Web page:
Economics of e-books & public-driven acquisitions – a query

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– Bibliobabble? – 

(click for full article)

The surge towards a print-less e-library recasts academic librarians as “rare book engineers”

by Colin Storey

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Is “just in time” preserving what will be needed for a (hopefully) long future?

How preservable and verifiable are digital bits?

Who ensures there are physical, tangible copies of information that may come in handy one day…

even if it seems passe or unnecessary in current socio-cultural perceptions?

What if cloud data gets scrambled, wears away, ebook vendors aggregate totalitarian-ly,

Where are our contingency plans for the preservation of knowledge and culture?

How will we verify digital content?

and so on….

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5 thoughts on “Economics of e-books & public-driven acquisitions – a query

  1. A vision of a possible distant(?) future. Historians wonder what occurred in the late 20th century as sources of new information, within a few decades, begin to disappear from the records. Some suggest a new socio-religious iconoclasm, whilst others cite the lowering standards of education as a cause of a collapse in numeracy and literacy……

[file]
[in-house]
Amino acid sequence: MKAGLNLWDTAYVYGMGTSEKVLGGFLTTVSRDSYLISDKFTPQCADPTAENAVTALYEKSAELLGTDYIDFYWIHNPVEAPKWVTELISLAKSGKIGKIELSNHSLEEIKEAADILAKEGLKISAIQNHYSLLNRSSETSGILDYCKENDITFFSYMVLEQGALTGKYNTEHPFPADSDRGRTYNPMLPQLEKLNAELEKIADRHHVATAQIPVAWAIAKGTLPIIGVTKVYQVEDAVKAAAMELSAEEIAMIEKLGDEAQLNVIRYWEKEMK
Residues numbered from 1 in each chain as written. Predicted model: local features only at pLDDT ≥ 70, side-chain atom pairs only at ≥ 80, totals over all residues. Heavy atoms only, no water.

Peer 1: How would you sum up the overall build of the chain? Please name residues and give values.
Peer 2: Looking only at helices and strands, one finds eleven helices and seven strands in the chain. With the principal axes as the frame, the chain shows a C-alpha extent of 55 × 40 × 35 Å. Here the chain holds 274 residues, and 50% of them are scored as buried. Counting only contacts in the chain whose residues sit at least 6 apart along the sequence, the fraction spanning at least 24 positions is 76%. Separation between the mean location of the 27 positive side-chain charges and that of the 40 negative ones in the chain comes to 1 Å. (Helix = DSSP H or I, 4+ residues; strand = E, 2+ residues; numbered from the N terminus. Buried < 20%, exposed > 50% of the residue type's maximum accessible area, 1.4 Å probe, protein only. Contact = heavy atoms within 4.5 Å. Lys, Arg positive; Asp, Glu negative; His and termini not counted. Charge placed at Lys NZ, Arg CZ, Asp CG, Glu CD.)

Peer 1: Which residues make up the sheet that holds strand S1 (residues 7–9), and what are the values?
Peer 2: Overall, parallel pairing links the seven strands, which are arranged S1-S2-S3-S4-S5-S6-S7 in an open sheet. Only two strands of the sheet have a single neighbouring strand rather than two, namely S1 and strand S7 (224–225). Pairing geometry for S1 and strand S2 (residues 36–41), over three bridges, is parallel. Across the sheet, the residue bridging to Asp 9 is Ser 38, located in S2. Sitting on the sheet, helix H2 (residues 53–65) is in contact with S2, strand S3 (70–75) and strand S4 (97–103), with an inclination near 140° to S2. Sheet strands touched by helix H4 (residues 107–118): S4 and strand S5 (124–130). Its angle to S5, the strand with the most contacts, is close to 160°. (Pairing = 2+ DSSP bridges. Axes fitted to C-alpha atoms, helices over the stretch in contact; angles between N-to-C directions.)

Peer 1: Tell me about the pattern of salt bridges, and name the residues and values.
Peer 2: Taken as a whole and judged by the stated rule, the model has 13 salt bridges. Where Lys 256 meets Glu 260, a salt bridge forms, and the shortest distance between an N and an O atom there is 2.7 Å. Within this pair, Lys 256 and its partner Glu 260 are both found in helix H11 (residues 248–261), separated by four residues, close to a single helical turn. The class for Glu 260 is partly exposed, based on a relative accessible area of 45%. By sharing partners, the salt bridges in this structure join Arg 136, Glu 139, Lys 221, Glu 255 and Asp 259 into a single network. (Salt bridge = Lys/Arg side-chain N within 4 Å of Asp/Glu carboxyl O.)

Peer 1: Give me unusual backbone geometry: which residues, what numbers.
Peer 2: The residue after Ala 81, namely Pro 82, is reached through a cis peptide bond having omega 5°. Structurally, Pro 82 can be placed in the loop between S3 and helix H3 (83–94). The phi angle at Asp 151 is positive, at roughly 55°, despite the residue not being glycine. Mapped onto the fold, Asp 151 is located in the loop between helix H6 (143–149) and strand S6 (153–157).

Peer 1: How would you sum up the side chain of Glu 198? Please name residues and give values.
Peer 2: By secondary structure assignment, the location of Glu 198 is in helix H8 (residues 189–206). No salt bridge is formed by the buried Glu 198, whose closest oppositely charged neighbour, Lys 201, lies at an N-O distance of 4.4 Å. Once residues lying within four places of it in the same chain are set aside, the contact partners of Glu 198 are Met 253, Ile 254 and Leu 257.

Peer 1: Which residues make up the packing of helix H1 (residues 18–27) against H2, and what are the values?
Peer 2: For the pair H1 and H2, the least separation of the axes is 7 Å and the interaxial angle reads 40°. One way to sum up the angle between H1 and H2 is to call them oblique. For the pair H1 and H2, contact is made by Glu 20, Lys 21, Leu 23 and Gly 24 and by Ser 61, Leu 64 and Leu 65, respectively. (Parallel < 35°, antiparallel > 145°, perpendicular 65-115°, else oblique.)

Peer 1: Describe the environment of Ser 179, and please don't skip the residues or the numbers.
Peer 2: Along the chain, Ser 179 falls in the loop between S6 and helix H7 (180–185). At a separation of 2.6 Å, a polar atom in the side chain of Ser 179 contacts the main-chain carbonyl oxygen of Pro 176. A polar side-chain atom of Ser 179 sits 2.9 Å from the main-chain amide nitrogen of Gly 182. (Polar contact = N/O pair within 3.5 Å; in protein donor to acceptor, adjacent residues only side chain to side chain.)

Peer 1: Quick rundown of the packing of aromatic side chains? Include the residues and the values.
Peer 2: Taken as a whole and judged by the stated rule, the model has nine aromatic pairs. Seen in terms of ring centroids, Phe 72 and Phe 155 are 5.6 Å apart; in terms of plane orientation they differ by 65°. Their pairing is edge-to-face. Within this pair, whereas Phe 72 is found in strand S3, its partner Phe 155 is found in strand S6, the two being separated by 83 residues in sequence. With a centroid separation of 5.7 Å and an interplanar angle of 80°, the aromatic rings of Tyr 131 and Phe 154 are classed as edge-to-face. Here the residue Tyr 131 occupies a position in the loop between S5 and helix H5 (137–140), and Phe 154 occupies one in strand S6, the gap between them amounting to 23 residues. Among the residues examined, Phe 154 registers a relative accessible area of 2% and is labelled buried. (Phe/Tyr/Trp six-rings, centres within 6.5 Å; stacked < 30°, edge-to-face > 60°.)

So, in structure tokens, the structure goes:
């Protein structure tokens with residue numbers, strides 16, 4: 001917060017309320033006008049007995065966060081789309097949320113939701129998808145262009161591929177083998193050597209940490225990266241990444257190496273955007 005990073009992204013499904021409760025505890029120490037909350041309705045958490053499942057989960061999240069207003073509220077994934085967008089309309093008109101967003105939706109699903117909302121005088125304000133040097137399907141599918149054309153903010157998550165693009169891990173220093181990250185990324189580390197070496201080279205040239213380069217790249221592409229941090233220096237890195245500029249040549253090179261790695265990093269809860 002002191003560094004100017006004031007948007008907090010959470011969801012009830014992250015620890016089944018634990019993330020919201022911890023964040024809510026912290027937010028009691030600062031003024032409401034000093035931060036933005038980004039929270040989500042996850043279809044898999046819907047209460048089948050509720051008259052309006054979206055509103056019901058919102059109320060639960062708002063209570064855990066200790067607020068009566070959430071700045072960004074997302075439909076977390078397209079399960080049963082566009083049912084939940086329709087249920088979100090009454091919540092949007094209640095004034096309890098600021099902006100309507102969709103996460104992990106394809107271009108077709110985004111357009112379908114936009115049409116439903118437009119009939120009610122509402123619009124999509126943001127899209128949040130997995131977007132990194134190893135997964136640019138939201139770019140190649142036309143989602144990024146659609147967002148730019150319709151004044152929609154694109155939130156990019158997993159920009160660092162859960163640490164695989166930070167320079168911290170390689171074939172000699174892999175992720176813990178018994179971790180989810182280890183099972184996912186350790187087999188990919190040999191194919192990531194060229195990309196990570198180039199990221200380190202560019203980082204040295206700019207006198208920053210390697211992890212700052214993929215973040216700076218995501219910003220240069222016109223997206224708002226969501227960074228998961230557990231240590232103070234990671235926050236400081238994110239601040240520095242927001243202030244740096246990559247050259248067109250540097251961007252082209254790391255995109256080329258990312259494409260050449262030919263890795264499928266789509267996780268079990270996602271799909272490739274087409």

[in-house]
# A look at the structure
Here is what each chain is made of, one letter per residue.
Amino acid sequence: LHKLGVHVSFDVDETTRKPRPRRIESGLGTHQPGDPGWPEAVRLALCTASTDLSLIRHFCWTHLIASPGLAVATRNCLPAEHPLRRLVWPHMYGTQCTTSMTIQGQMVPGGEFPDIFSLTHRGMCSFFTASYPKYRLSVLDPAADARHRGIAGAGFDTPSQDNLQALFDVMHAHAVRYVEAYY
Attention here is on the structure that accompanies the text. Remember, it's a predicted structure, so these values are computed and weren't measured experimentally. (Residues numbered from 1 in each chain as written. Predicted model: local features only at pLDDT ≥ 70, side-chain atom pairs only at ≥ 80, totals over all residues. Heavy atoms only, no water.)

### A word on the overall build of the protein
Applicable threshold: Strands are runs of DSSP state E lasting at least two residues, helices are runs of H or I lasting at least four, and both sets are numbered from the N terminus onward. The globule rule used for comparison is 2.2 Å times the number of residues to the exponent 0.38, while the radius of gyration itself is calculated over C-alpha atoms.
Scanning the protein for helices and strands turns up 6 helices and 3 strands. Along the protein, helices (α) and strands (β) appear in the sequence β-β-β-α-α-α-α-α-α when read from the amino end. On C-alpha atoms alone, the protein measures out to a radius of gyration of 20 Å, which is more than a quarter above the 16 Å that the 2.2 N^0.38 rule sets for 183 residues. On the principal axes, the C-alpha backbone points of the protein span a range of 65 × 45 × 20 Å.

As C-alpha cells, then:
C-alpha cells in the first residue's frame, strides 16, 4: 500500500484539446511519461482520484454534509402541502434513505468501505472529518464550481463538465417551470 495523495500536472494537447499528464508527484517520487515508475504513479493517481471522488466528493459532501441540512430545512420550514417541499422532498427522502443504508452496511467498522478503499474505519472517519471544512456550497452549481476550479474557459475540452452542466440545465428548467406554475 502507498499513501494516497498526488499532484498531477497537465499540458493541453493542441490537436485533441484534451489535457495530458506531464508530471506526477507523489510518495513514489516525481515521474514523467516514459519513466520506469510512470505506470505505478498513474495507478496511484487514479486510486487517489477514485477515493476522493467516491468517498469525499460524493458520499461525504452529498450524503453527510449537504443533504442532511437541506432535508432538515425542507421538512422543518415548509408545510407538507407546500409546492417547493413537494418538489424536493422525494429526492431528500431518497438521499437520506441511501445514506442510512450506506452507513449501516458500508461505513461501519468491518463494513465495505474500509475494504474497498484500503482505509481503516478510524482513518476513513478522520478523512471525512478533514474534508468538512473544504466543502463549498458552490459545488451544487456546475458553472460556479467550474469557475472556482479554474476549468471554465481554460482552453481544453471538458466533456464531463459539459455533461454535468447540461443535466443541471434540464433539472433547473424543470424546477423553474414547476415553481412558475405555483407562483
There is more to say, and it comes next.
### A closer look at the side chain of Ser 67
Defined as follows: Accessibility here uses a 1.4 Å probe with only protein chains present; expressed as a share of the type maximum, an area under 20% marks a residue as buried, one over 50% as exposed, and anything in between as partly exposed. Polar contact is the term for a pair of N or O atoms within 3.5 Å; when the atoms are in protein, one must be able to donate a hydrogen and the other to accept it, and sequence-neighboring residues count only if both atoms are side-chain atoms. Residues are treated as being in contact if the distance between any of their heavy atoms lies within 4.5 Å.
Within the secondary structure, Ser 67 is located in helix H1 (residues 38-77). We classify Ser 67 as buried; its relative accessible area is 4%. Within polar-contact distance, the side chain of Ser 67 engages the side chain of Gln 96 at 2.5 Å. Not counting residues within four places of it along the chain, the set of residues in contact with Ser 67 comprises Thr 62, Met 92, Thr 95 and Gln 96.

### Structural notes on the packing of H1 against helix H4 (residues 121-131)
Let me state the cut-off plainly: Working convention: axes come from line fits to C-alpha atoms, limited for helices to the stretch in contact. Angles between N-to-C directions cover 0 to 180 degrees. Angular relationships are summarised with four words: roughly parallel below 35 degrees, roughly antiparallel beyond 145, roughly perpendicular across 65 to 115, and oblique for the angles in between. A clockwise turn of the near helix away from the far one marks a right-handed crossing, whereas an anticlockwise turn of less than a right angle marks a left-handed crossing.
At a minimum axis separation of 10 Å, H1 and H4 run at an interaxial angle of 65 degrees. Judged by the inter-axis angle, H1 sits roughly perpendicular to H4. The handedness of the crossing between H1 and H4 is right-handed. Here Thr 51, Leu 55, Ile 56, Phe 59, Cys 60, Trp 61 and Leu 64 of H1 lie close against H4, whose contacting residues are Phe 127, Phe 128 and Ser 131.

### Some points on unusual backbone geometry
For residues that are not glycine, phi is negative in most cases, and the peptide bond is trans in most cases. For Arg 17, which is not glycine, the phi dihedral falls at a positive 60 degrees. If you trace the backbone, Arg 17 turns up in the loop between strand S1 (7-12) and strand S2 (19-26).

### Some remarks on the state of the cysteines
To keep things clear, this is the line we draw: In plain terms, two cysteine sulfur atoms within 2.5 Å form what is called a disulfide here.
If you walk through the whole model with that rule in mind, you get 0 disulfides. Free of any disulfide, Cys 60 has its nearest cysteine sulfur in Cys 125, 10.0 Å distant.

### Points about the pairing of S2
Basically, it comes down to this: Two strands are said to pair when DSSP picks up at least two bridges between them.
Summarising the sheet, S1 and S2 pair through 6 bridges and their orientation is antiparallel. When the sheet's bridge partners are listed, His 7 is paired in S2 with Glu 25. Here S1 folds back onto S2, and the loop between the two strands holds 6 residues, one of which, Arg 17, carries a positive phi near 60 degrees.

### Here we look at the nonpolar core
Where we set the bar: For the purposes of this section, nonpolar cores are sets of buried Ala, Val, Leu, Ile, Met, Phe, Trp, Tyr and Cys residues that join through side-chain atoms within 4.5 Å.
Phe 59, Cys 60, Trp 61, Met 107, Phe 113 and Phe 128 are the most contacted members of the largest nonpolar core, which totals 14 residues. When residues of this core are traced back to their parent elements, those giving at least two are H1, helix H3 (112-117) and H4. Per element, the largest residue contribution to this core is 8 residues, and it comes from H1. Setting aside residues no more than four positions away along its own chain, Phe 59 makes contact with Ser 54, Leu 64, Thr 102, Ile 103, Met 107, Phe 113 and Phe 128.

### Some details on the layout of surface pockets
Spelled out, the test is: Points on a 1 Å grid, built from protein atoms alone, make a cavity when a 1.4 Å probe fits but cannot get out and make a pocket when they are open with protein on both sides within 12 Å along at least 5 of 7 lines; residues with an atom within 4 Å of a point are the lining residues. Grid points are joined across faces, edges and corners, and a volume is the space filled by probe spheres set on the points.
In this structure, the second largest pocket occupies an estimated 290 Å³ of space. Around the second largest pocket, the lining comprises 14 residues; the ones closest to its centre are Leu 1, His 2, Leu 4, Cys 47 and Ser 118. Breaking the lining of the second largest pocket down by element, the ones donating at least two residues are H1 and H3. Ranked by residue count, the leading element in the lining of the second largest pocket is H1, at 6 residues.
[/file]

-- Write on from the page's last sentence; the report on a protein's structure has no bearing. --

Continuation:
The paradox of technology: always over-confident and reliant on complex processes.

    Ironic that Early Medieval manuscripts have a greater likelihood of survival than digital texts. All it would take: an unexpectedly powerful solar flare, a disruption of the Earth’s magetic field……

  2. yep – not many institutional administrators think of those things. The most awareness I find of the risks and dangers of digital loss, uncertainty – are from large digital companies like Berners-Lee’s W3C and ICT and business/tech aggregates. Ironically. If you didn’t see this at Scholarly Kitchen – check out the next post…a providential addendum 🙂

  3. Pingback: Sudden Soap Box: Digitization = Access (not preservation) | "The Whole Hurly Burly"

"A word is a bridge thrown between myself and an other - a territory shared by both" - M. Bakhtin

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